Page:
ACCC highlights “significant concerns with customer loyalty schemes”

13 September, 2019 by Andy Young

The ACCC has released for comment its draft report into customer loyalty schemes, which has highlighted a number of concerns from the competition regulator.

The regulator said that customer loyalty schemes, including frequent flyer, supermarket and credit card operators, must ensure they are not misleading consumers.

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The ACCC’s Customer Loyalty Schemes draft report highlights a number of concerns:

  • whether consumers receive the benefits advertised by loyalty schemes
  • unilateral changes by loyalty schemes to their terms and conditions, and poor communication about how their schemes work
  • poor disclosure about how consumer data is used and shared, including selling insights from consumer data to other parties without consumer knowledge and
  • the sharing of consumer data with unknown third parties.

The draft report shows almost nine in ten adults are members of a loyalty scheme, with the average Australian carrying between four to six loyalty cards. Some of the most popular Australian loyalty schemes report having more than 10 million members.

“The privacy policies of these schemes are frequently very vague and don’t tell consumers who their data is being shared with or how it is being used, shared or monetised,” ACCC Chair Rod Sims said.

“The data that loyalty schemes collect can be used to profile consumers and produce insights about their purchasing behaviour. These insights about consumers may then be shared with or sold to third parties.”

“Consumers may also be shocked to find that some schemes collect their data even when they don’t scan their loyalty cards, or that they combine it with data from other sources that they might not even be aware of.”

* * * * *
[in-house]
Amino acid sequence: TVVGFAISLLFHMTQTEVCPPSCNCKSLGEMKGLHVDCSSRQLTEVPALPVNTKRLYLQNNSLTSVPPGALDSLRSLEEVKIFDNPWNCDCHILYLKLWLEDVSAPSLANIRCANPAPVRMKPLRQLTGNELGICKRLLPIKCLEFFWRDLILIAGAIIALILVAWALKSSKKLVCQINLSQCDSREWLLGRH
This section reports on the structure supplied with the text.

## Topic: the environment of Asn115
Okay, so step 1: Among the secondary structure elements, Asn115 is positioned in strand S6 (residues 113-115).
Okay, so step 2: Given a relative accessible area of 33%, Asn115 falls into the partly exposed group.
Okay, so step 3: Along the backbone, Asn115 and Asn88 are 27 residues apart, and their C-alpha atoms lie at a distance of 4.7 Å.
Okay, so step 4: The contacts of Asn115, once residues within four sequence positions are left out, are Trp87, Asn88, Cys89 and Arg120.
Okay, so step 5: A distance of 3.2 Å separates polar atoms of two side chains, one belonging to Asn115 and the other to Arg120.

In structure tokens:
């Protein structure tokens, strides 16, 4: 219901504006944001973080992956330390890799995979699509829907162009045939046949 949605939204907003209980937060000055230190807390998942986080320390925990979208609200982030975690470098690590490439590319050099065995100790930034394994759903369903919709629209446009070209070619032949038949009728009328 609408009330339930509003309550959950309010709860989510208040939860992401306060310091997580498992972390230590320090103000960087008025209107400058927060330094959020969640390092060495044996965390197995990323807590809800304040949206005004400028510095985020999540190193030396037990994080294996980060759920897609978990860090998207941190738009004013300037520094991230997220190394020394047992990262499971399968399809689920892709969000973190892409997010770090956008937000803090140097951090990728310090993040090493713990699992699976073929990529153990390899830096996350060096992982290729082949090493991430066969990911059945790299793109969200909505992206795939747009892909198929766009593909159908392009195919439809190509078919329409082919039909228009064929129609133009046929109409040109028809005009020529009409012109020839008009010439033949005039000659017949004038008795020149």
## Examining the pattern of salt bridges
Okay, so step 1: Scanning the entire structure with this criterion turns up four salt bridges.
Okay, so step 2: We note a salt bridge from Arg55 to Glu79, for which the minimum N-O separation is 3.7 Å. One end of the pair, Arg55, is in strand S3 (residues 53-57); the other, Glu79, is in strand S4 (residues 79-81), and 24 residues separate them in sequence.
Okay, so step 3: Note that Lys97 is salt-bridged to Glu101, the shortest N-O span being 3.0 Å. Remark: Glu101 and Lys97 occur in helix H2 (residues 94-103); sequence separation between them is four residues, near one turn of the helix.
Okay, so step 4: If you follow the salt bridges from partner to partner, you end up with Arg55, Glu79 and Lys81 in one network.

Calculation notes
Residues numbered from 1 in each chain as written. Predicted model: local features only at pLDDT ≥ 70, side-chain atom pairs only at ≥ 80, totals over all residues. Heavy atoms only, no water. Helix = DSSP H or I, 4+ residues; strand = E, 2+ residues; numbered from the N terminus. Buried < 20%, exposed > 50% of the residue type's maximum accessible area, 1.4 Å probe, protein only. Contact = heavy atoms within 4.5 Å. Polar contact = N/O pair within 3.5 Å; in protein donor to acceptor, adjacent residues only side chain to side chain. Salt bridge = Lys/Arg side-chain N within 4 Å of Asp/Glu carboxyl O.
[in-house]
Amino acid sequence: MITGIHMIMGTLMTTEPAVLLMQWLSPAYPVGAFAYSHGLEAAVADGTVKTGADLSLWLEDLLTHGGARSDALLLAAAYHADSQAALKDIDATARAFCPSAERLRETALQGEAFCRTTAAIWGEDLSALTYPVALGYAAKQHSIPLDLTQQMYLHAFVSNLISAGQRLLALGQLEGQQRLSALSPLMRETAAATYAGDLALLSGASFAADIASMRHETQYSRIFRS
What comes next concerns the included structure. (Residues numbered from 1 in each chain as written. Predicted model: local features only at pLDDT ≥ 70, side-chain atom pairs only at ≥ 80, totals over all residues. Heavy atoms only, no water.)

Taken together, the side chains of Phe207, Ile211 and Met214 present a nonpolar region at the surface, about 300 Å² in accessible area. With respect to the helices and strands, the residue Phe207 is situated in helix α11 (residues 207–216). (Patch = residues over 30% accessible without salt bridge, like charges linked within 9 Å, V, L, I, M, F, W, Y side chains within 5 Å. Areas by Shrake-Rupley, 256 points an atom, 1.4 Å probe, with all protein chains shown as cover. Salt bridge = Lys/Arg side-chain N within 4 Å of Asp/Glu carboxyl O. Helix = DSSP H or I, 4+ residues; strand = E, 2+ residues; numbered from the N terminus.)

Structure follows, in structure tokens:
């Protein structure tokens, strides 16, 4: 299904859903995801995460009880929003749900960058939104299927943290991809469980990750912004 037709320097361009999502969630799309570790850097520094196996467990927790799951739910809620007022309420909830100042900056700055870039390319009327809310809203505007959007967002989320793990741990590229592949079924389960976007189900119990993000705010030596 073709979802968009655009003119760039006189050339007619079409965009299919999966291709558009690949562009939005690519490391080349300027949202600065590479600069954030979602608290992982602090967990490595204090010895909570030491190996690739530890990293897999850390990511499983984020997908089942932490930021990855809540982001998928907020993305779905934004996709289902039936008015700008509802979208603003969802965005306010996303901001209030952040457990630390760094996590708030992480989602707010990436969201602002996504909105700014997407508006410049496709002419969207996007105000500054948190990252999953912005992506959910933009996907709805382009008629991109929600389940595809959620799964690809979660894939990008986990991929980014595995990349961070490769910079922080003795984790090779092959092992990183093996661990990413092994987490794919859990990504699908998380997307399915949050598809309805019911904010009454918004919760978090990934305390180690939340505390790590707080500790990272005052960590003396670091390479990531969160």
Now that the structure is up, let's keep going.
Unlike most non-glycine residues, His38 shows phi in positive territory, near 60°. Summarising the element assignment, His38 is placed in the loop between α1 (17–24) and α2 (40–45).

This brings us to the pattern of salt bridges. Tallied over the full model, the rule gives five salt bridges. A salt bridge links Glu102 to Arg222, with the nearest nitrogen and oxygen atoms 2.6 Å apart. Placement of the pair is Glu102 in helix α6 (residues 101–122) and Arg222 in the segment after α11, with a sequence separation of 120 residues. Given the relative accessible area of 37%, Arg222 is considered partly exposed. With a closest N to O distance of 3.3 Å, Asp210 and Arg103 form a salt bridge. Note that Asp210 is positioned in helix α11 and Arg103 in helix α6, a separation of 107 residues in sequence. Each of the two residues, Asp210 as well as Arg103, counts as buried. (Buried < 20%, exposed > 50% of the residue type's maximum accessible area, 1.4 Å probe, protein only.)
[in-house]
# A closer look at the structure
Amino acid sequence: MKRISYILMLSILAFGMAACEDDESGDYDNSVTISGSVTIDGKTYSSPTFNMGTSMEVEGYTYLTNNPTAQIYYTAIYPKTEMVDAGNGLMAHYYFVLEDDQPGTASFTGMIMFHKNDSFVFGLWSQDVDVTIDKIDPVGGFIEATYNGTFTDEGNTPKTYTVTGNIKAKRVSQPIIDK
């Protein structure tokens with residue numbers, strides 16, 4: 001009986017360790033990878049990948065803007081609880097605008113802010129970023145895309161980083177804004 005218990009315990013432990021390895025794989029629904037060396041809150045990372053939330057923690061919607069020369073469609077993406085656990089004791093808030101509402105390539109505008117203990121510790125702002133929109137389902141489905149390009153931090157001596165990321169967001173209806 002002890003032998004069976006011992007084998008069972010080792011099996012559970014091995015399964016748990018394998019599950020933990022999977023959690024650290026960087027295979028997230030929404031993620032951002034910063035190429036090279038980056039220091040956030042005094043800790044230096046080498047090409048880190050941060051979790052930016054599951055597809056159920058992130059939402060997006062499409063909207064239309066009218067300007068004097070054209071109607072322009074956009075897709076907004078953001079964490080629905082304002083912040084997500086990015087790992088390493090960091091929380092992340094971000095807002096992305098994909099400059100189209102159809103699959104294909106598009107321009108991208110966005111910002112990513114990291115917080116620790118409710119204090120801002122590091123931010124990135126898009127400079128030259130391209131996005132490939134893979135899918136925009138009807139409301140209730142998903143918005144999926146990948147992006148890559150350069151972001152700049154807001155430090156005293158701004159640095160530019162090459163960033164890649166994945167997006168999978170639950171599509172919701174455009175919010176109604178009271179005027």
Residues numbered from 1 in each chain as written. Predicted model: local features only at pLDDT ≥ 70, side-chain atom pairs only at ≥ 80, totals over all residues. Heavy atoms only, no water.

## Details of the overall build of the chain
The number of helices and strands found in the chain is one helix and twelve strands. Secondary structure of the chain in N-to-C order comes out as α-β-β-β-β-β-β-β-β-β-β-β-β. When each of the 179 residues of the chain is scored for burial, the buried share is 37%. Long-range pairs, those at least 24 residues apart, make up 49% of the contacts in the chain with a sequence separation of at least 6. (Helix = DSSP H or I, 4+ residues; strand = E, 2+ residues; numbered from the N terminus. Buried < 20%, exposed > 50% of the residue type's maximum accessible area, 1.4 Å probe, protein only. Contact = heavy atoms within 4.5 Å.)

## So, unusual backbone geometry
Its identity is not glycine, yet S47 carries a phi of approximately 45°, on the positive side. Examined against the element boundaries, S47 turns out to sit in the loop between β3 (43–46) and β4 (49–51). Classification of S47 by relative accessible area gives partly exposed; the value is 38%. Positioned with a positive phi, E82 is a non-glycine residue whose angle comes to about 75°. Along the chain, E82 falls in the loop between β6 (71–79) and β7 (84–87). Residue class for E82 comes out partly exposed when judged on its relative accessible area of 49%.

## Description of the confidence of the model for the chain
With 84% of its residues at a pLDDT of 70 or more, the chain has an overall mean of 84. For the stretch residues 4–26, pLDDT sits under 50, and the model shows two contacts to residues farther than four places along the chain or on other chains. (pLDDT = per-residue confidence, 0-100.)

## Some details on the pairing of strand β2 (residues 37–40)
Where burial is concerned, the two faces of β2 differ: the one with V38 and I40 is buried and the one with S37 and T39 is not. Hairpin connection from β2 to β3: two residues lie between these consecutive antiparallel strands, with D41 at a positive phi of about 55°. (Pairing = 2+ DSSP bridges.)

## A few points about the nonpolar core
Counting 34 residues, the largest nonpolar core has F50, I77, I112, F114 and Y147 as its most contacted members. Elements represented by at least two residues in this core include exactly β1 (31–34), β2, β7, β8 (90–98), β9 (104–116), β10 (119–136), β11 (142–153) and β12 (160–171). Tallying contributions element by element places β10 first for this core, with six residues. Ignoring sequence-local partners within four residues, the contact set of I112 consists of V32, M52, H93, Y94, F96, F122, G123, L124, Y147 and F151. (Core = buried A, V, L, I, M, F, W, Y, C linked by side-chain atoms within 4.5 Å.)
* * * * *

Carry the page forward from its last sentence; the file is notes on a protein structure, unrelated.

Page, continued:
Loyalty schemes can contribute to a significant proportion of a company’s profits. Some loyalty schemes generate $110 million – $370 million in earnings each year.

“Most people think they are being rewarded for their loyalty with discounts or points, but in reality some schemes are building up detailed profiles about consumers and selling those insights to other businesses. Selling insights and access to loyalty scheme members are becoming increasing sources of revenue,” Sims said.

He added: “Loyalty scheme operators must ensure they comply with the Australian Consumer Law, including by avoiding statements that are incorrect or likely to create a false impression, and avoiding unfair contract terms.”

“Loyalty schemes also need to review the way they explain to customers how their schemes work, and how they notify their consumers of any reductions to the benefits offered.”

“Having put loyalty operators on notice, we call on consumers to contact the ACCC to report concerns. The ACCC will consider these concerns in deciding whether enforcement action will be required to effect broader change.”

Anyone wishing to comment on the draft report can head to the ACCC website.